7. Zoning and Land Use – Local governments have jurisdiction with respect to zoning and land use. Inquiries should be made to the local government to determine the applicable zoning and other land use matters that could affect the development and use of property. If a parcel is included within a development permit area, this may also restrict the development and use of the property. If a development permit has been issued, a notice will be found on the title to the property, but a copy of the permit must be obtained directly from the local government. The provincial government retains some jurisdiction, most notably with respect to heritage sites and agricultural land, and designations will be filed on the titles to properties in the provincial land title system. The applicable restrictions should be obtained and reviewed to ensure the property can be used as intended.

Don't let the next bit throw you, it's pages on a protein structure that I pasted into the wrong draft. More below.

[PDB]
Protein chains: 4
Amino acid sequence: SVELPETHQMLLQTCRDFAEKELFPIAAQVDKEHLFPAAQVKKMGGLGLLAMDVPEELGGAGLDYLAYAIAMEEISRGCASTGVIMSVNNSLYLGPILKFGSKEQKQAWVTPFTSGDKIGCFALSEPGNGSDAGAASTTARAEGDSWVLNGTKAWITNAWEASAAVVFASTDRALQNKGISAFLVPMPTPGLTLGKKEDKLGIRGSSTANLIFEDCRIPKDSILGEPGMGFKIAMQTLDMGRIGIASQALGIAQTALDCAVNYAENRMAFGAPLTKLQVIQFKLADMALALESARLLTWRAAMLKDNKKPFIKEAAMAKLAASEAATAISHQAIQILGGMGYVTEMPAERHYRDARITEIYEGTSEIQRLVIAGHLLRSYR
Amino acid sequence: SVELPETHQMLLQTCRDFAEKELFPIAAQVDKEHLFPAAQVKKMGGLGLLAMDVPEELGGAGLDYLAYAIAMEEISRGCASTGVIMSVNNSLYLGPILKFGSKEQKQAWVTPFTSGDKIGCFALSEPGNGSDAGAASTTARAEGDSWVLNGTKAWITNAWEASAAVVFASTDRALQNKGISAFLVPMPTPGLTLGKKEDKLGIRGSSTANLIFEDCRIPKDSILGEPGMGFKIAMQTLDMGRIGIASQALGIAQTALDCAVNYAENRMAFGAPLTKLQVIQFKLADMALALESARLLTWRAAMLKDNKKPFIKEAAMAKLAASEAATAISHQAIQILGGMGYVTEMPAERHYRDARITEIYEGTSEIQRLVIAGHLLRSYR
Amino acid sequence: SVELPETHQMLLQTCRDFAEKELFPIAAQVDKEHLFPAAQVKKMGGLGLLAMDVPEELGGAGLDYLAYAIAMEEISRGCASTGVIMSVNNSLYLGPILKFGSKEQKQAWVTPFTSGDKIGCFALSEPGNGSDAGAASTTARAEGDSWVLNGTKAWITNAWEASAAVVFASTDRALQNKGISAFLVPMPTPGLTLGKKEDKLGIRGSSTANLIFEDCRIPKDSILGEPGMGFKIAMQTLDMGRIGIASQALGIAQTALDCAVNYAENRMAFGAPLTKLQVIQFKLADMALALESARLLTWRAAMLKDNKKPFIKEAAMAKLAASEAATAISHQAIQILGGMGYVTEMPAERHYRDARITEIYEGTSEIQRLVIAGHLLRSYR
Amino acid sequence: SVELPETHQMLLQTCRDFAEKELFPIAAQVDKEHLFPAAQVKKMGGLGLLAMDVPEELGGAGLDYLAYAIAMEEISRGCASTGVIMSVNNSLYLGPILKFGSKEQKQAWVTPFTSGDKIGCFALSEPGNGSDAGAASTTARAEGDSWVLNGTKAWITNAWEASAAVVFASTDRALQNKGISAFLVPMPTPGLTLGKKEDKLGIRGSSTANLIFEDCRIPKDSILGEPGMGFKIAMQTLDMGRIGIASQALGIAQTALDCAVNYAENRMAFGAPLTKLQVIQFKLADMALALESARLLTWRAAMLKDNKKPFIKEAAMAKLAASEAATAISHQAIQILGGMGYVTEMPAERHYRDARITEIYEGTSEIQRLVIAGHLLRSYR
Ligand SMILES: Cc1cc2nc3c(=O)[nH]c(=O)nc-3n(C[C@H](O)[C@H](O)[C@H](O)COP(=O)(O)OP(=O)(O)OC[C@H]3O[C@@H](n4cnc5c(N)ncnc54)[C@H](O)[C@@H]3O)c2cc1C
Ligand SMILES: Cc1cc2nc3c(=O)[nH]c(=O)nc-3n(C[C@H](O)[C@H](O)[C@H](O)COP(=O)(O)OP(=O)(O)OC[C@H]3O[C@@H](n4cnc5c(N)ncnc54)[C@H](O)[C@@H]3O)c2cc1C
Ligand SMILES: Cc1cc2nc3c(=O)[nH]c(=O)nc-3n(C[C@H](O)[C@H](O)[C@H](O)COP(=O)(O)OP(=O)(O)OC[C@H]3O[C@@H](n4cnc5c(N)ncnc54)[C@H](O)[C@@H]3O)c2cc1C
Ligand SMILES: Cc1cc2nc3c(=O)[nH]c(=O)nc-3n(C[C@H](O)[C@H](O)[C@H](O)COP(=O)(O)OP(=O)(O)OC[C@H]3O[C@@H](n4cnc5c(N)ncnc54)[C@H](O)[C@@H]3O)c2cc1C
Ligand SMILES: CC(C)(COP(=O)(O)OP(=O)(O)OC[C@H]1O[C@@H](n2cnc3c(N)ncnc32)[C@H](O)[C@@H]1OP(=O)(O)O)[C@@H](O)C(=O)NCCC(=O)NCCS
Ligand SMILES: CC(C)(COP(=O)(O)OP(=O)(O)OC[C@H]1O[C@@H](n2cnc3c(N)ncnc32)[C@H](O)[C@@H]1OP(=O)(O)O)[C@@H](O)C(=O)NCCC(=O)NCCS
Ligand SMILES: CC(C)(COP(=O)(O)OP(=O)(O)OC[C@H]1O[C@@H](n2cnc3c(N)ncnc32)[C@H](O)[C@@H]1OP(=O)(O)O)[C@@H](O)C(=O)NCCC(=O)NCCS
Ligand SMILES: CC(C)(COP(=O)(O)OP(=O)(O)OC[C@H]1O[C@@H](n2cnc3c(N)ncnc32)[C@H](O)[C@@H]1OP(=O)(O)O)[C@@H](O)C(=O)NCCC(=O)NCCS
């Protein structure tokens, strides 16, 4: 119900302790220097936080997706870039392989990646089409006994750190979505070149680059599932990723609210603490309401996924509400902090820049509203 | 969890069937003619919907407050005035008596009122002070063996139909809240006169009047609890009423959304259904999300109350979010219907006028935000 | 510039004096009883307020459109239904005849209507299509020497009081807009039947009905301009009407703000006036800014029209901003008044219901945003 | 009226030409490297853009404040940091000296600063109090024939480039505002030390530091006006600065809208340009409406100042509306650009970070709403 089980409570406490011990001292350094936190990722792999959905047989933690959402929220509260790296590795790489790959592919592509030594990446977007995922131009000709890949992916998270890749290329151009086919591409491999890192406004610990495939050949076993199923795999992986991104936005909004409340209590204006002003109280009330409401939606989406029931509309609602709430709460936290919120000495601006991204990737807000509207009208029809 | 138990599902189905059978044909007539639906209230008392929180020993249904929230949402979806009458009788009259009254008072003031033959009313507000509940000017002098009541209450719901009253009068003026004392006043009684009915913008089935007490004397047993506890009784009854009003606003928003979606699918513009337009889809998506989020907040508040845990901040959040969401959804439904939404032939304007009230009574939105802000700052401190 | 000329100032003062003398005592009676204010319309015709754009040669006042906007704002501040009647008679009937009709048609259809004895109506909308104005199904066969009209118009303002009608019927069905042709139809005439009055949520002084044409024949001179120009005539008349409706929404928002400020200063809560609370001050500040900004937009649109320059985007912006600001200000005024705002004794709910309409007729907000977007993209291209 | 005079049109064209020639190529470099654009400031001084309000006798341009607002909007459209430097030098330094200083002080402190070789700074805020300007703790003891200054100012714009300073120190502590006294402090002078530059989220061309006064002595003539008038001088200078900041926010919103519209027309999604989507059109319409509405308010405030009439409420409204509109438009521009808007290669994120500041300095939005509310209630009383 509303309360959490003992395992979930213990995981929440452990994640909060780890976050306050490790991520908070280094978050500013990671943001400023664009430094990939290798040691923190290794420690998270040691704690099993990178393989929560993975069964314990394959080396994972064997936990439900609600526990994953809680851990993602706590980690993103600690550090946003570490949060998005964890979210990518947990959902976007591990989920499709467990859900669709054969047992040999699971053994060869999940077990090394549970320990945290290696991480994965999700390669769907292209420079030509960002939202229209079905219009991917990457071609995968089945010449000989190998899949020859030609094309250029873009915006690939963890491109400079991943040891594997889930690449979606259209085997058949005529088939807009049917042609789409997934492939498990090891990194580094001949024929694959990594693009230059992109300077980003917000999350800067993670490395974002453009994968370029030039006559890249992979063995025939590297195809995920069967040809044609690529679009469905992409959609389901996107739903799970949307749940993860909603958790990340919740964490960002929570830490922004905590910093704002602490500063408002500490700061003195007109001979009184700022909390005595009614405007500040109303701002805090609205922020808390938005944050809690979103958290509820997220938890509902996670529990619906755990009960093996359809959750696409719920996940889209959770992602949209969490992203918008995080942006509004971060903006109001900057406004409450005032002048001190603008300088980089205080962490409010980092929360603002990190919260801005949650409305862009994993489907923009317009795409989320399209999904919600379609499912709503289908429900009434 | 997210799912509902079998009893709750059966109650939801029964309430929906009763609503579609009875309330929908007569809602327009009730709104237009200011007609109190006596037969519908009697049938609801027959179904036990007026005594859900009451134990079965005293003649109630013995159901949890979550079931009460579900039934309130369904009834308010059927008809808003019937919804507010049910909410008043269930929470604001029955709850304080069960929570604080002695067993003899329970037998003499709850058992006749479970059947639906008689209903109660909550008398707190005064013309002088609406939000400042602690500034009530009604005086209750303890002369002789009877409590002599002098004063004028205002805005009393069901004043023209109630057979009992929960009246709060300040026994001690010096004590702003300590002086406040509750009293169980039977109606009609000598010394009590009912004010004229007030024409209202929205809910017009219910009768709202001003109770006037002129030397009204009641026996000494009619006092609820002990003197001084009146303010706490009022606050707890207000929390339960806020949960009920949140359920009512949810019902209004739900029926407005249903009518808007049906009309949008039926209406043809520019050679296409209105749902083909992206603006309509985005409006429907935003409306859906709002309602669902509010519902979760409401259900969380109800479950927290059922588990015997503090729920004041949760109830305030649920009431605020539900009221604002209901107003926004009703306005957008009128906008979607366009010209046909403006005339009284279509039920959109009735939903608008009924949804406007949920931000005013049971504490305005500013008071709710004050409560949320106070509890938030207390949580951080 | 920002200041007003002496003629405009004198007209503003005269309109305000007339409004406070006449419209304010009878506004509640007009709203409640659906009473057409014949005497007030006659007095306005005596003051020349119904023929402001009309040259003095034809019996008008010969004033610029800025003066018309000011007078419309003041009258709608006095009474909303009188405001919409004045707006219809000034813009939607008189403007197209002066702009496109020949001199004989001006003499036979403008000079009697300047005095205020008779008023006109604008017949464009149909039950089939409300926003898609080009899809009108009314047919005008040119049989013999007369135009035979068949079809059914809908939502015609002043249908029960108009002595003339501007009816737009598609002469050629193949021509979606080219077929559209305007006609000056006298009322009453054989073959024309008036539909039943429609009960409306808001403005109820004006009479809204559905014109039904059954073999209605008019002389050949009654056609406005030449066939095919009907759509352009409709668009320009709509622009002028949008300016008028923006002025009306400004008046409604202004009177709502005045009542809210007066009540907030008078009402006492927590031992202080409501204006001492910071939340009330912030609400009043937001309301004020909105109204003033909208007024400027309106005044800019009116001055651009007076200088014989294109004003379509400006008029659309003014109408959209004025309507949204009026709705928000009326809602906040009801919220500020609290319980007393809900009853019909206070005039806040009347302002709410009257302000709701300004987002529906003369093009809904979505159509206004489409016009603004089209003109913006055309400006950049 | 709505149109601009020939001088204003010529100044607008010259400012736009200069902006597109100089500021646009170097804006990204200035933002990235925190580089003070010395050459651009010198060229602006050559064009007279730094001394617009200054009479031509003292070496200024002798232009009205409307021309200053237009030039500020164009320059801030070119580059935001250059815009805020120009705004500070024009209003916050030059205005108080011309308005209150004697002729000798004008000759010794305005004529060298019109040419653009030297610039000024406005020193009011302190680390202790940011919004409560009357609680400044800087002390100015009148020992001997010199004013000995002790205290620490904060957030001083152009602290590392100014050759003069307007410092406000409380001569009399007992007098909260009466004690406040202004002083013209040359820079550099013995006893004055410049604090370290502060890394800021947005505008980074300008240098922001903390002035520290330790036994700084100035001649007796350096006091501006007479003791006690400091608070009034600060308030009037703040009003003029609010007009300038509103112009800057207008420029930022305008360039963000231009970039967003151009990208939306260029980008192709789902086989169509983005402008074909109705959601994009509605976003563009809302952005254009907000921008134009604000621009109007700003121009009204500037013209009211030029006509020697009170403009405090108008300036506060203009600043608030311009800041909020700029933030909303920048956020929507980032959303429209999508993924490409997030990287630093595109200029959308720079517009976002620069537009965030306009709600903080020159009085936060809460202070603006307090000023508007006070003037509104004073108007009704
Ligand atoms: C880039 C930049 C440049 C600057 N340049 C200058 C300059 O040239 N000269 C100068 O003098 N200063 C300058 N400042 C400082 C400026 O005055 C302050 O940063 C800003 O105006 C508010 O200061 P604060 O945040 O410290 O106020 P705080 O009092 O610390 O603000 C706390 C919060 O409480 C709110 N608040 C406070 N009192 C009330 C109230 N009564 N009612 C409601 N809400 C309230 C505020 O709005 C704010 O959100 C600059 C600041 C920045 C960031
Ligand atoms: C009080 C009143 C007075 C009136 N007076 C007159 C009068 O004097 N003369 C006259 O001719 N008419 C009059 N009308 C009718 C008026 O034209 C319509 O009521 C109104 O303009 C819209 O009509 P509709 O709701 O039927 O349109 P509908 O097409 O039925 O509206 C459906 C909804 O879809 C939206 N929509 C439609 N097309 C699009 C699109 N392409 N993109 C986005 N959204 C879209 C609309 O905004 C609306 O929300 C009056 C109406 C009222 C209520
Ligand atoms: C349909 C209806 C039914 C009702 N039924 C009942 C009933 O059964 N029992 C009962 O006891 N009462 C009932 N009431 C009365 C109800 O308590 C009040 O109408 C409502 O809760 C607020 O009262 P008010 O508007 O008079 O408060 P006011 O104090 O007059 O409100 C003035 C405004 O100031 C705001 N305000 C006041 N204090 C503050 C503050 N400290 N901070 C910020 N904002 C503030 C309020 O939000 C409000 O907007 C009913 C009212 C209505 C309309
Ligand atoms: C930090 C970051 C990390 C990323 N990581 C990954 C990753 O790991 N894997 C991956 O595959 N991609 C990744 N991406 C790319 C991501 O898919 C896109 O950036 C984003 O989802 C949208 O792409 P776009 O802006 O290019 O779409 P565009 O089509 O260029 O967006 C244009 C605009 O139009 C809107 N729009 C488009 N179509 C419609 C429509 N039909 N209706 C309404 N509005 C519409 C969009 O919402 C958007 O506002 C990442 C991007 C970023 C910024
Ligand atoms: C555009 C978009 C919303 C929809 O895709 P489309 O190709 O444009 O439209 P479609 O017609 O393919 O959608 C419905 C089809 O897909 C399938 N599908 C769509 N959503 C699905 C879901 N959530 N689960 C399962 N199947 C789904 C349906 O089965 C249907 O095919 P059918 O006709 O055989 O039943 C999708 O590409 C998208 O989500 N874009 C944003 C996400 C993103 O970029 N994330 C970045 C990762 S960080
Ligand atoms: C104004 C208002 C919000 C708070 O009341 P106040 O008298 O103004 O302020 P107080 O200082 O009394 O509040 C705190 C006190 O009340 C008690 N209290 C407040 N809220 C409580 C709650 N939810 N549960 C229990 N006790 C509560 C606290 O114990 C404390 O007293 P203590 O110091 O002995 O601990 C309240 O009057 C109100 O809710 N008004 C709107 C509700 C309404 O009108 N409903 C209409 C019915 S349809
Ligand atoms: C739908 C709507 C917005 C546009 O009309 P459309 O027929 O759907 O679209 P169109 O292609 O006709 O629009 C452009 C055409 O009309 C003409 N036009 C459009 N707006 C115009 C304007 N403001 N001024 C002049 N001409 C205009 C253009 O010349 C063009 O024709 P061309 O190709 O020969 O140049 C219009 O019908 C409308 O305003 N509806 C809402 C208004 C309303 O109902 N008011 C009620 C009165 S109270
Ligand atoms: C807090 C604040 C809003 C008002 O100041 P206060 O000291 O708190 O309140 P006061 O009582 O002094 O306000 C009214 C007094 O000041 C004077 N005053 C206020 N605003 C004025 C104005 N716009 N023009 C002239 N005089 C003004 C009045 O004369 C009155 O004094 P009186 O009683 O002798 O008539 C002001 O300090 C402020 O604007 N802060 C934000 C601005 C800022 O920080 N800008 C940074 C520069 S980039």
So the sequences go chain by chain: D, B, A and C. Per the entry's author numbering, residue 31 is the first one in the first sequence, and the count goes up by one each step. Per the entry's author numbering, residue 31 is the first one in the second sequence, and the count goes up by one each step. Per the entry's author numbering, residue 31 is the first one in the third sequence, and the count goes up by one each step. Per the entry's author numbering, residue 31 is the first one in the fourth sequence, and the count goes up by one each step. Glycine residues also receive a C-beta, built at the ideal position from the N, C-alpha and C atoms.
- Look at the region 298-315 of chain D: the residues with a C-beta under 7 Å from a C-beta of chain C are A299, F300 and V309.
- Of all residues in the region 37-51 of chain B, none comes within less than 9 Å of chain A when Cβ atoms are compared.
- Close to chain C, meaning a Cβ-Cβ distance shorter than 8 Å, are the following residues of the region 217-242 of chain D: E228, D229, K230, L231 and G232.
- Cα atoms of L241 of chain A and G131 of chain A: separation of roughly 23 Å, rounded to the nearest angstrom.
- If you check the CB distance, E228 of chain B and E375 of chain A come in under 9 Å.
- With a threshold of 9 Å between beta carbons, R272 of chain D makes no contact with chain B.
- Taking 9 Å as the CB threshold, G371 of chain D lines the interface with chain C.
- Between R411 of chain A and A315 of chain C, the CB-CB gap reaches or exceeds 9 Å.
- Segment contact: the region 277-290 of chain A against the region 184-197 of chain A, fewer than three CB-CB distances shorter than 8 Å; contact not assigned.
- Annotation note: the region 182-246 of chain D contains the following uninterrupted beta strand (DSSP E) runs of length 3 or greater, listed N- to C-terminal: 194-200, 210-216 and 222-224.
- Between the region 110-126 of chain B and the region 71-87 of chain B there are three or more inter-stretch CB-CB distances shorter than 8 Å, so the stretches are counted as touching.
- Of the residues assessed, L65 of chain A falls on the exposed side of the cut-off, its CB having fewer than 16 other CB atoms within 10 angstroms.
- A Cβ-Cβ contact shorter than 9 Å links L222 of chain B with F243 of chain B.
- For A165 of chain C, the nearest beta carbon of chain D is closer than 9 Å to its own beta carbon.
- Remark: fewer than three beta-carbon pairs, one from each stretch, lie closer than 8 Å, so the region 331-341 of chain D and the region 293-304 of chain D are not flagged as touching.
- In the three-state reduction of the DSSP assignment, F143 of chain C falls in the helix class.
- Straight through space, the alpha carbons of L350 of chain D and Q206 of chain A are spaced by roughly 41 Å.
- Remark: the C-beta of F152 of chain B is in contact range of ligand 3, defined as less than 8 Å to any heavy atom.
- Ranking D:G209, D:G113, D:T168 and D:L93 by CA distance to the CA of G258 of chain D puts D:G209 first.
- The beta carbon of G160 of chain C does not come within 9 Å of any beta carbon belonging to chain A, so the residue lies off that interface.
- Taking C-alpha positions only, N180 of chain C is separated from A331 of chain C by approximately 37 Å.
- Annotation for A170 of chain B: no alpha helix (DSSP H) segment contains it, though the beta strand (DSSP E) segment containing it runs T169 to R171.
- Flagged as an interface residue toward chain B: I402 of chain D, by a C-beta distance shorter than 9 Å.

8. Lease of Portion of Land – A lease of a portion of land, as distinct from a portion of a building, is not registrable in the provincial land title system unless there is compliance with subdivision requirements, which requires that an approving officer approve a leasehold plan and that issues normally the subject of a subdivision application, such as access, be dealt with. Given the sometimes complex nature of the subdivision process, it is rarely used for leases. There are historical leases in British Columbia for portions of land and the courts have found them to be unenforceable. Recent amending legislation provides that such leases are enforceable as against the parties making them, but the leases are not registrable. There are ways to structure a transaction to effectively achieve the leasing of a portion of land and get registration, but local advice should be sought.